Basic research remains the area of research with the most recorded uses of animals at 53% of all experimental procedures (750,000 procedures). Basic research aims to increase knowledge of the structure, functioning and behaviour of living organisms and the environment. The main areas of interest were the immune system, nervous system, and oncology (cancer). These areas have remained broadly the same since 2014.

Mice are by far the most used species in basic research accounting for around 562,000 procedures, rats for 45,220 and zebrafish for 101,000. These are also the top species used in applied research and regulatory research.

There were 1.44 million procedures for the creation and breeding of genetically altered (GA) animals, accounting for the other half of all procedures in 2020. Whilst this marks the first significant decrease in over a decade, the report does acknowledge that the drop in both procedures for the creation and breeding of GA animals, and the use of GA animals in experimental procedures, is most likely due to the two UK lockdowns in 2020. 90% of procedures were carried out to maintain established GA lines and the remaining 10% to create new lines. You can read more about the use of GA animals in research in our blog here.

All procedures are classified by their severity — that is the likelihood they will cause pain, suffering, distress or lasting harm. The proportions of severity of procedures have remained similar to previous years with 51% of procedures classified as causing ‘mild’ suffering, 24% moderate and 4% severe.

Read more about definitions of research uses and the severity of procedures here.

When looking at the species used in these reports, it must be noted that the figures include all types of research including regulatory testing for veterinary products, research into animal health and disease, and environmental research for the benefit of animals. At FRAME, we are striving to end the need for animal testing in all areas, but our primary focus, and the areas where we feel non-animal methods are, or will be, more relevant, is testing for the benefit of humans. This might include for example, regulatory tests for chemical and drug safety, efficacy, basic and applied research linked to human biology and health.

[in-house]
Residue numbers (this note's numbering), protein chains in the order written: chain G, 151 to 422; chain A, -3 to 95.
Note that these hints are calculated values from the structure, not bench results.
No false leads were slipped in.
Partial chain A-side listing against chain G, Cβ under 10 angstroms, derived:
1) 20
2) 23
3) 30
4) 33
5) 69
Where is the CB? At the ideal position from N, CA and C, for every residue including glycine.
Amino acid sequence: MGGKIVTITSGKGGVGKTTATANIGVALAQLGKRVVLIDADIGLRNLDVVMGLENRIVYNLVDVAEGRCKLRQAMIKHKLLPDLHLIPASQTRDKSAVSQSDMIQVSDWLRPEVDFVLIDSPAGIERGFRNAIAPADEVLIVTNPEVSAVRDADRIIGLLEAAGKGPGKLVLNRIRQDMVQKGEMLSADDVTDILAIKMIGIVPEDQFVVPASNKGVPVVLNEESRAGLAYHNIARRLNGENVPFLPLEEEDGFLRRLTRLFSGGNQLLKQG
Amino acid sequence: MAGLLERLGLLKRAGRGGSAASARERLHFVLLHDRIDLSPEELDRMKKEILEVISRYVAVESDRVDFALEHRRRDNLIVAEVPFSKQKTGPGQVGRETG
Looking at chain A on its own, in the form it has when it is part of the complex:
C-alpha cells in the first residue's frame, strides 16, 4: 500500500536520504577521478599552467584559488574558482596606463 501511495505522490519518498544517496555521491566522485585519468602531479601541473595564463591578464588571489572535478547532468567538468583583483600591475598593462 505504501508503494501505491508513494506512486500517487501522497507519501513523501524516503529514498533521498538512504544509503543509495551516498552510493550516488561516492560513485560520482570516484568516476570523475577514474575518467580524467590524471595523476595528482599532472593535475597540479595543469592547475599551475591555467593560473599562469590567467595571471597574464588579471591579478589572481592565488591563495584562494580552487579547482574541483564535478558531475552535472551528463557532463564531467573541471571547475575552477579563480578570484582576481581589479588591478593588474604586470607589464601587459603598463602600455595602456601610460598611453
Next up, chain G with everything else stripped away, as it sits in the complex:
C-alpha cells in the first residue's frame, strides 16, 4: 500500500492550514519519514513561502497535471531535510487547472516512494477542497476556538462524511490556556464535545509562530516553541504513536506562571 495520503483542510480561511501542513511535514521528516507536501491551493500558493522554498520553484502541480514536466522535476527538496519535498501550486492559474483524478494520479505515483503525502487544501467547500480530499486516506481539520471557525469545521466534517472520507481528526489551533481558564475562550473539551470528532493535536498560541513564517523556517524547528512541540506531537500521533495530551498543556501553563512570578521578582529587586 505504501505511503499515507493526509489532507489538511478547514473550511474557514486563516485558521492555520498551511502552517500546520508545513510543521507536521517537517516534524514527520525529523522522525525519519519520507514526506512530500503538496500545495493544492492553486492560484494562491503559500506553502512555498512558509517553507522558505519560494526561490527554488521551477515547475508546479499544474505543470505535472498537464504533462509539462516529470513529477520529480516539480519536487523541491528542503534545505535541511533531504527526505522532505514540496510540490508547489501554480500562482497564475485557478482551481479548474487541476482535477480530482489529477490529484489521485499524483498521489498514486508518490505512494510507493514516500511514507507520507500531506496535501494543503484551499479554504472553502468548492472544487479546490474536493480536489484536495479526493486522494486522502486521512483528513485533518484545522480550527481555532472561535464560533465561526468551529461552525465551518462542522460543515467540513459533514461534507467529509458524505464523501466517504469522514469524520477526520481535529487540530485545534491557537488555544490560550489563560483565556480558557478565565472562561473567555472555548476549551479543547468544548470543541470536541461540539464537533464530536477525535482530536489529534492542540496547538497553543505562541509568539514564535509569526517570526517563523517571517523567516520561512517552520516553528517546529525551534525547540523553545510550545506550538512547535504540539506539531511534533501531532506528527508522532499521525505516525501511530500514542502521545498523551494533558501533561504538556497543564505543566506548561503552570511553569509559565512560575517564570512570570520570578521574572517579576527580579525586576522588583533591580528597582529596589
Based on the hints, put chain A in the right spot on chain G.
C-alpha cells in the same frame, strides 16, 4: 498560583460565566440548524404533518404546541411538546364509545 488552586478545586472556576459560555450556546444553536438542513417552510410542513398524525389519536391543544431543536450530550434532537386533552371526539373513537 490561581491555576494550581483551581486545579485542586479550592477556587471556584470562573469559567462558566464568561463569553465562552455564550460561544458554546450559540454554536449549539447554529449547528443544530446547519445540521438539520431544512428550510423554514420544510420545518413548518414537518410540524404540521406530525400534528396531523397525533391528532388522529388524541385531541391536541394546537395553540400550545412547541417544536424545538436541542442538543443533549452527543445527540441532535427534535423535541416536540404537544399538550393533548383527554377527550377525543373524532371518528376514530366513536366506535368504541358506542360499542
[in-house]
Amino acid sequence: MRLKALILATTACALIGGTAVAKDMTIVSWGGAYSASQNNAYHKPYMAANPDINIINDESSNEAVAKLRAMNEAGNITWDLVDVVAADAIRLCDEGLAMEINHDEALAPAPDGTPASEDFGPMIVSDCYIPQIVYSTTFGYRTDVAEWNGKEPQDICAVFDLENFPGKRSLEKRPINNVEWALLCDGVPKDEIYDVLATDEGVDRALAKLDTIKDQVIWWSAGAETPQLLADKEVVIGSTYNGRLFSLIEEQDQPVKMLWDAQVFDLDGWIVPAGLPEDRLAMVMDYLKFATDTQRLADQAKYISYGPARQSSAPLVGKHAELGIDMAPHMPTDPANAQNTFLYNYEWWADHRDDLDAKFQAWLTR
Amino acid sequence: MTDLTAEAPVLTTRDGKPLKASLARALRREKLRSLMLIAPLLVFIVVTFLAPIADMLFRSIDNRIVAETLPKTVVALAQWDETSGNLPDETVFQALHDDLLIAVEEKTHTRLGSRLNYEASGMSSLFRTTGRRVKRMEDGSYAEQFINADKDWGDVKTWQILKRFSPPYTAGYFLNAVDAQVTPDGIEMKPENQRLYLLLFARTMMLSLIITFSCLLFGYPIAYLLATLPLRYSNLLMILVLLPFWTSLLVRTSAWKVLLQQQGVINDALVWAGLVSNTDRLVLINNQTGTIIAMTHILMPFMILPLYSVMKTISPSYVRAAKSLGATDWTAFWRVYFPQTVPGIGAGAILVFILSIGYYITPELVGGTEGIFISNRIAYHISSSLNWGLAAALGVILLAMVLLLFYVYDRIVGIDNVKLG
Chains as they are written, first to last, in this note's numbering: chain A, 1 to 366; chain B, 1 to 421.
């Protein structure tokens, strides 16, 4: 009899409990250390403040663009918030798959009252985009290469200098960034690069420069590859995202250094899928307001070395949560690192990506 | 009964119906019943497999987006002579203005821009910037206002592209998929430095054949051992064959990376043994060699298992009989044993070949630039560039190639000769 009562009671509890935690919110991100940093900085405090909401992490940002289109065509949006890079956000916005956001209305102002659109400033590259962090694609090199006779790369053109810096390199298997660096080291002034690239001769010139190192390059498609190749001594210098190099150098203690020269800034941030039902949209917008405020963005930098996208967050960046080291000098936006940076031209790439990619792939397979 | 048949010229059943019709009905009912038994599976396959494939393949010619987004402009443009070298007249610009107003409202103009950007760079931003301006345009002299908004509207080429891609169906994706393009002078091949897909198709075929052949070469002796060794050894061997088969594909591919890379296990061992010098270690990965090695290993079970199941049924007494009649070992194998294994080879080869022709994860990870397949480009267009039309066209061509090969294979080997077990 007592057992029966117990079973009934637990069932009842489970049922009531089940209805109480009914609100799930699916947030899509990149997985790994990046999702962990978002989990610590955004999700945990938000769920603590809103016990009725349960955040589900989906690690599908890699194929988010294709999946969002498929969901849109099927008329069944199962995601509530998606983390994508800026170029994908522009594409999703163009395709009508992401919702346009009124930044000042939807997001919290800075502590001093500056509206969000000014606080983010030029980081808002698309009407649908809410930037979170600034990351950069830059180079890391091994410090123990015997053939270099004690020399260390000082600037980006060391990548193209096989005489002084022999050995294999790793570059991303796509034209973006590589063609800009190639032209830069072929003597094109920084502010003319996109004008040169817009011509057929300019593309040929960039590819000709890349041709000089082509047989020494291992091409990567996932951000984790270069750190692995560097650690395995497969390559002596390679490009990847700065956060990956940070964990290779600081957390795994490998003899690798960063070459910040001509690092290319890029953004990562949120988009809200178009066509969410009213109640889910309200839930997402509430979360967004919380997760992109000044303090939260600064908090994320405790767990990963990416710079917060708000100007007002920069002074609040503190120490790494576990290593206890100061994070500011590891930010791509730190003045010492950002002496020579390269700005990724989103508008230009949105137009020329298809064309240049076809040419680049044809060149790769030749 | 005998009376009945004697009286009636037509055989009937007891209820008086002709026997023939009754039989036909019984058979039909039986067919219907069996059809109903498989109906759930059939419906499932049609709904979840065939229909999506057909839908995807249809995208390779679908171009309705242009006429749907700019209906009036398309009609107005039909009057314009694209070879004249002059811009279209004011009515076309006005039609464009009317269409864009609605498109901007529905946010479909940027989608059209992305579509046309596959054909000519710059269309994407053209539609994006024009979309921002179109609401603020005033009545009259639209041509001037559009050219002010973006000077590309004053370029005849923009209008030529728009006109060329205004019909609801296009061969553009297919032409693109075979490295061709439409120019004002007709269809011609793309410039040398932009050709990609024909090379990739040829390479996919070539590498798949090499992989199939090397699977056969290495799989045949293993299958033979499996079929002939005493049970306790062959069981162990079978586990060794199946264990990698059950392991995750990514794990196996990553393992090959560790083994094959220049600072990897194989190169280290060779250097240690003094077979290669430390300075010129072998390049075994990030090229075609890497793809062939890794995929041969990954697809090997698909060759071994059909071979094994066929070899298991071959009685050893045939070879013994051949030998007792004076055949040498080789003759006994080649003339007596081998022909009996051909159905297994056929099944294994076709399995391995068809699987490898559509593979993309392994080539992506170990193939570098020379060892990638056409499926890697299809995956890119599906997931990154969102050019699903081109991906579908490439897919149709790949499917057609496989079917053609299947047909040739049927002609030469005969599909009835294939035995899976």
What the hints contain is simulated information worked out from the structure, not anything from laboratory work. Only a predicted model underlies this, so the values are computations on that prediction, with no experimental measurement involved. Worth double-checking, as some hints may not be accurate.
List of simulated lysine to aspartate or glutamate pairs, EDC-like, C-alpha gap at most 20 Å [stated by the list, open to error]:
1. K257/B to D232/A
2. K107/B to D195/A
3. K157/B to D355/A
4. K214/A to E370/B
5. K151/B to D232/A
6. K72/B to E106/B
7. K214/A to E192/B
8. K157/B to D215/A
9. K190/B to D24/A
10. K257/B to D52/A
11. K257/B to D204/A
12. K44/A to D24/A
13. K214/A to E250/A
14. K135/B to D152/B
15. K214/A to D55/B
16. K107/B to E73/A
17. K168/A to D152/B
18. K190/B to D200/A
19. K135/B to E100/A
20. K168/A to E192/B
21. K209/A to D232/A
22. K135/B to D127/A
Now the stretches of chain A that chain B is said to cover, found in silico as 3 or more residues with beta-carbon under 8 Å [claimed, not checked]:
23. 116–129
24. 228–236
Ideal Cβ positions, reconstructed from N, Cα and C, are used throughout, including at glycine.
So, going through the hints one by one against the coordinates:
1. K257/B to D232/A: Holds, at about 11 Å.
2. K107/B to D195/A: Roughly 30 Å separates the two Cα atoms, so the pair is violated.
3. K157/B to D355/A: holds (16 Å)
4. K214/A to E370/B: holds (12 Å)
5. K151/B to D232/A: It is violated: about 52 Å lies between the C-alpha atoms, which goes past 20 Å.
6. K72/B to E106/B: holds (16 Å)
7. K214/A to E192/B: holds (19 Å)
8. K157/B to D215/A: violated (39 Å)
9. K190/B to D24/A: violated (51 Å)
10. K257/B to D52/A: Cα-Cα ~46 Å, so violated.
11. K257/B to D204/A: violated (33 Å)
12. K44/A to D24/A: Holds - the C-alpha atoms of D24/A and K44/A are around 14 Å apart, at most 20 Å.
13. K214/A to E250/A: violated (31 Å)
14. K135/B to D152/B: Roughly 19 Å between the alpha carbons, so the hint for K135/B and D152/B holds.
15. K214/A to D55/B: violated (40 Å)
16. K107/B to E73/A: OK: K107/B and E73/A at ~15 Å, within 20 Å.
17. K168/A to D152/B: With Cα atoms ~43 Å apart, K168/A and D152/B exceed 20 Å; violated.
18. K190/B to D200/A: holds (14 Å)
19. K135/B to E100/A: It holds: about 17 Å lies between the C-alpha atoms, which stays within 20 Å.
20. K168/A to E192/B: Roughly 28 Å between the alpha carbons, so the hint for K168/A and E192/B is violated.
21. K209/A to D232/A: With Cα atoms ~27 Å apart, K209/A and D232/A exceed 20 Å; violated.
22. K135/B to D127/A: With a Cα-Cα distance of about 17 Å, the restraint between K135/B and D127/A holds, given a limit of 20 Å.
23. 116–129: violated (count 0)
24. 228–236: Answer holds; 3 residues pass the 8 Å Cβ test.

The statistics show that genetically altered (GA) animal use still accounts for many experimental procedures, in spite of the 26% decrease in their use from last year — the first drop in over five years. Procedures carried out for the purpose of creating and breeding GA animal remain high, half of all procedures (1.44 million) were for this purpose. Whilst the Annual Statistics provide insight into where and how animals are used, the data tables do not provide a breakdown of numbers of GA animals vs non-GA animals used in specific areas of basic and applied research. This information would be a useful addition to help understand the areas where GA animal lines are being used most frequently and help channel the development of alternatives and sharing of information to influence a move towards more human-relevant, non-animal methods. You can read more about the drivers, benefits and concerns of GA animal use in research in our blog here.